Week 11: Productivity

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This past week has been an exciting one.  After a bit of a lull in activity for my project, I have finally gotten back at it and am looking forward to productive last few weeks of this semester.  My anticipation all started with discovery of the wealth of online interviews of Syrian refugees last week.  Since then I have watched more than a half of dozen, and am aiming to try to watch one each day.  This will not only keep me updated with the crisis, but will allow me learn more about my subjects too.

One interview in particular stands out to me (you can find the link at the bottom of this post).  It was published by Middle Eastern news channel Al Jazeera, and followed a Syrian woman who was recently resettled along with her family in Sacramento, California.  It stood out to me because it challenged the way I see refugees in the US.  Before watching the interview, I assumed that refugees would always be happy to be resettled in the US, and that it was the best option for them.  However, the woman in the interview was not happy to be hear.  She desperately missed everything about home, from her neighbors to the food. She would have rather been resettled in Europe because at least it felt a bit closer to home. After watching the interview ,  I was able to create some additional interview questions to help me delve further into that emotion.  A sample of them are listed below:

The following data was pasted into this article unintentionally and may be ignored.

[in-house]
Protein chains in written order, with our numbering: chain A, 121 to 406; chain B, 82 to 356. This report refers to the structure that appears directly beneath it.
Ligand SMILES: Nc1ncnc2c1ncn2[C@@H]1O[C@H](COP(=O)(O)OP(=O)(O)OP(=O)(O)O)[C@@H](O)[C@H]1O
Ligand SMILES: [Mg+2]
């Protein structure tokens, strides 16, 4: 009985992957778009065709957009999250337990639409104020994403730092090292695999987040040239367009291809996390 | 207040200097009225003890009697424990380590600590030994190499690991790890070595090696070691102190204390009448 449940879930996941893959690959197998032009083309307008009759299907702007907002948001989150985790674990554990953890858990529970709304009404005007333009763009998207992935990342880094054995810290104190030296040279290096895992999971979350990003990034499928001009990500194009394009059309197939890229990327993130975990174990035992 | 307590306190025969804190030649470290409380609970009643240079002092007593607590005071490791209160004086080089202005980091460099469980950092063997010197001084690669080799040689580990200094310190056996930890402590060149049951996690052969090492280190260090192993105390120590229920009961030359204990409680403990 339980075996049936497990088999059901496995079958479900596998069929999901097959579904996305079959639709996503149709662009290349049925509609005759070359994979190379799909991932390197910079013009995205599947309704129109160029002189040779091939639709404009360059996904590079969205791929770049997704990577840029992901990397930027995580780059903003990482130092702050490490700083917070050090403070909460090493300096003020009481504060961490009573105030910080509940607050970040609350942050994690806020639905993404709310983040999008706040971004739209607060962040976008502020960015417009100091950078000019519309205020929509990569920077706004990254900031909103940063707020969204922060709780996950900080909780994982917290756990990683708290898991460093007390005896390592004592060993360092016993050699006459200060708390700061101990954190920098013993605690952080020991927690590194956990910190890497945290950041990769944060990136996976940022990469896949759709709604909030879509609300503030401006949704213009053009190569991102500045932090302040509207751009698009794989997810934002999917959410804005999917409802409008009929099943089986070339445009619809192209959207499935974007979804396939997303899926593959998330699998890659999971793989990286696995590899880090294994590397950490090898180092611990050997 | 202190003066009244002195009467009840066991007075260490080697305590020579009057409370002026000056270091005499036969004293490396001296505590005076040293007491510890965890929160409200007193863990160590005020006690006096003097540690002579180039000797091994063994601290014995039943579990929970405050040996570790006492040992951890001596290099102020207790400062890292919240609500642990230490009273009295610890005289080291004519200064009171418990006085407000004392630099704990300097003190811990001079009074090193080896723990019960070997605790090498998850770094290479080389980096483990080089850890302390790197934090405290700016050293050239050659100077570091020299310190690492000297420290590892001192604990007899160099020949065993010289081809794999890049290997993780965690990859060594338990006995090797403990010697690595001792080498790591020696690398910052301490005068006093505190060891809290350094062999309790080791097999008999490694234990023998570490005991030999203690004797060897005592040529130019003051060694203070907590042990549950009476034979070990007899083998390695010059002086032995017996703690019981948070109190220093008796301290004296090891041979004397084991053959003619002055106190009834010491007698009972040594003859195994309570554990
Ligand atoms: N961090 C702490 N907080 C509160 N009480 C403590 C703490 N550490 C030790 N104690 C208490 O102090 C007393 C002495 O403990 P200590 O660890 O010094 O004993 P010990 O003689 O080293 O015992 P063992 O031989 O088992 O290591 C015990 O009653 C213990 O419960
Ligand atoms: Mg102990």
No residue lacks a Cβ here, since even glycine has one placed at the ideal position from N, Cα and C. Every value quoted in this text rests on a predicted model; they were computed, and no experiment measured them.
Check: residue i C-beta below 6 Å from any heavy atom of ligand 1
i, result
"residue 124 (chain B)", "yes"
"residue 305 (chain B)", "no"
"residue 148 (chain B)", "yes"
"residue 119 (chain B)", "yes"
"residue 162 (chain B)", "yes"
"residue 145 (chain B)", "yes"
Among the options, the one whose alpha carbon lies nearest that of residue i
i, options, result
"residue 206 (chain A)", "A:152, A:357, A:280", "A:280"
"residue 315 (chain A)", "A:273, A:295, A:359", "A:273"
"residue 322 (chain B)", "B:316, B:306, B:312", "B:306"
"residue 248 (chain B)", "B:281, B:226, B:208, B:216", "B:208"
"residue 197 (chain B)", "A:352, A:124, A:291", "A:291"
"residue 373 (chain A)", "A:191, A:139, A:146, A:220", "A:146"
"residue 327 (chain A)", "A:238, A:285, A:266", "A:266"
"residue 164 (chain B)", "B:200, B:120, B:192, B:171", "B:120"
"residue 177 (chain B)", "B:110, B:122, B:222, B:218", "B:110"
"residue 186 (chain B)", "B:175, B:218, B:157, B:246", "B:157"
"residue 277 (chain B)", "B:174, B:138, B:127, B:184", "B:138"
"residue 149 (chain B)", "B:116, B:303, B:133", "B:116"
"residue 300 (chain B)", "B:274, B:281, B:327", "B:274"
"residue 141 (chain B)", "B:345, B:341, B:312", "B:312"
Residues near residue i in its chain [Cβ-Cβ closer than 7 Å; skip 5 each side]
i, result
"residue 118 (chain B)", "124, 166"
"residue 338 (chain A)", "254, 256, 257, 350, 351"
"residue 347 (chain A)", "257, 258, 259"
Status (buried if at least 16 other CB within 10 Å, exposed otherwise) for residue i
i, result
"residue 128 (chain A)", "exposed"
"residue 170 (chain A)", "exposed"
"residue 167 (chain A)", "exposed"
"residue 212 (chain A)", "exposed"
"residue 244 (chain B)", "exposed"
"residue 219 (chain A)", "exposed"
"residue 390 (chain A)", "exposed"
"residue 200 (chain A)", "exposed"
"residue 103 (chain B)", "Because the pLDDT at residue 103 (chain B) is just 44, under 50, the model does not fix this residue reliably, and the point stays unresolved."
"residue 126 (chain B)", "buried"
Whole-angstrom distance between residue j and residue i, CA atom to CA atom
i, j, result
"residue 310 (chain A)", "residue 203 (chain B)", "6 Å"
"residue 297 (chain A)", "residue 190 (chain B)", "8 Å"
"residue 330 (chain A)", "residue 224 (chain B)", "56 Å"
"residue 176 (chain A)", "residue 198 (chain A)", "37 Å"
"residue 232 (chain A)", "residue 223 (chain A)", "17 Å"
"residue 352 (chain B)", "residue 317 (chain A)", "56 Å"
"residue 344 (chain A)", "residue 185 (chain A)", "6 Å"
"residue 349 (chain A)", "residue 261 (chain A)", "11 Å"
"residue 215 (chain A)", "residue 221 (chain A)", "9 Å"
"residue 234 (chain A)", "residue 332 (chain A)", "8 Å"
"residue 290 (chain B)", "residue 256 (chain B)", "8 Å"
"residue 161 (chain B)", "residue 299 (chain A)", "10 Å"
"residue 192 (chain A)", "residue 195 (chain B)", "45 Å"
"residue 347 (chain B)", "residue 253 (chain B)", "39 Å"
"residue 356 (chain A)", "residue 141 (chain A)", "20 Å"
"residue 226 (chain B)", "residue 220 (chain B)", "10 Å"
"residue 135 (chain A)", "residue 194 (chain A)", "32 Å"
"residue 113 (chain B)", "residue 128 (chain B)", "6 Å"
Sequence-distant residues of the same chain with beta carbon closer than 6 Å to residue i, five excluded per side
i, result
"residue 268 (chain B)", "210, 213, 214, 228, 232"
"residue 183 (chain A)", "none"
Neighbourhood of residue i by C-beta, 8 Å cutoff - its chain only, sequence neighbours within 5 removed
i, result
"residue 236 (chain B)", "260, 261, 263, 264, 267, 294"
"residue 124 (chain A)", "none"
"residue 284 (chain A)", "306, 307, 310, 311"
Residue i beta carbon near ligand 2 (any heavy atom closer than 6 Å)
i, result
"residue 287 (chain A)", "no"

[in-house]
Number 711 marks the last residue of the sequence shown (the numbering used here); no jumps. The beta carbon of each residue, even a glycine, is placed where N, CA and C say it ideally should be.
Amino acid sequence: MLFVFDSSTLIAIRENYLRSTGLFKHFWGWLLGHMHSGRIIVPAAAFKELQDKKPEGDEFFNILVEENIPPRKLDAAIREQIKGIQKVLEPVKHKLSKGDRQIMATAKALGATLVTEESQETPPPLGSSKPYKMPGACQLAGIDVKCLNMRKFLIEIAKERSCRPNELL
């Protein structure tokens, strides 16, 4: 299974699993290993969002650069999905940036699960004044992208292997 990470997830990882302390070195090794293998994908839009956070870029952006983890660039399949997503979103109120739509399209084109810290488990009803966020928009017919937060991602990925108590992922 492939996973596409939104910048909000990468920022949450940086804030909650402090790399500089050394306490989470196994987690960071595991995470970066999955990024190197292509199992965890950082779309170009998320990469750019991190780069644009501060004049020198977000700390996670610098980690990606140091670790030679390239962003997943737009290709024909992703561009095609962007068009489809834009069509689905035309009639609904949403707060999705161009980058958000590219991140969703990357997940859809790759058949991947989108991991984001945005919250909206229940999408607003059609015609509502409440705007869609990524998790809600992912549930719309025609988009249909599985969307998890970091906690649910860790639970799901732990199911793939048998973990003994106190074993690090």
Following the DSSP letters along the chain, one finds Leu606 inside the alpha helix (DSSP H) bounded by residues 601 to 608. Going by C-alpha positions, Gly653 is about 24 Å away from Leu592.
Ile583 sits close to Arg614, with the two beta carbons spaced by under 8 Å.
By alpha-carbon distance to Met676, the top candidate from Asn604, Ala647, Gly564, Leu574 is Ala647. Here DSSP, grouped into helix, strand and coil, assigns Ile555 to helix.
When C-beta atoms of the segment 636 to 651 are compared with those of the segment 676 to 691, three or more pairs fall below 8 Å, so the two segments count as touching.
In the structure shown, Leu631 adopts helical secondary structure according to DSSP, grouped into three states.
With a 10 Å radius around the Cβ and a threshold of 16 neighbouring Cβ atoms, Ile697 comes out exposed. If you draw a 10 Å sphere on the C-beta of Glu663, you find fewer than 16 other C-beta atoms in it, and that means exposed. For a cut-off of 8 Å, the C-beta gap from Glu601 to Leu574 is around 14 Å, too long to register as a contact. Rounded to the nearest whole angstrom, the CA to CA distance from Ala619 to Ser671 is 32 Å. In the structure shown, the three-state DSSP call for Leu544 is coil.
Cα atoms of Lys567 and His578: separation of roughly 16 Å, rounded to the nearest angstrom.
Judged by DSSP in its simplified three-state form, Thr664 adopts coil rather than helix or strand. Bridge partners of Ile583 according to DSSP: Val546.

• What was your life like four years ago?
  • Would you have preferred to been settled in an Arab country rather than Sacramento?
  • Do you think the US should resettle a larger amount of refugees?

Before I sign off for this week, I have one final piece of good news I would like to share.  I have recently herd back from Jamal, the Westtown alum from Syria who graduated a few years back, and he is willing to interview with me over Skype this week. Stay tuned!

Interview and Image Credit: https://www.youtube.com/watch?v=Rcn7CZHA6t8

1 thought on “Week 11: Productivity

  1. lukasdesimone

    I think this is some really meaningful work that you’re doing — learning more about a very important crisis and staying present with it, even when the media has already lost interest in it.


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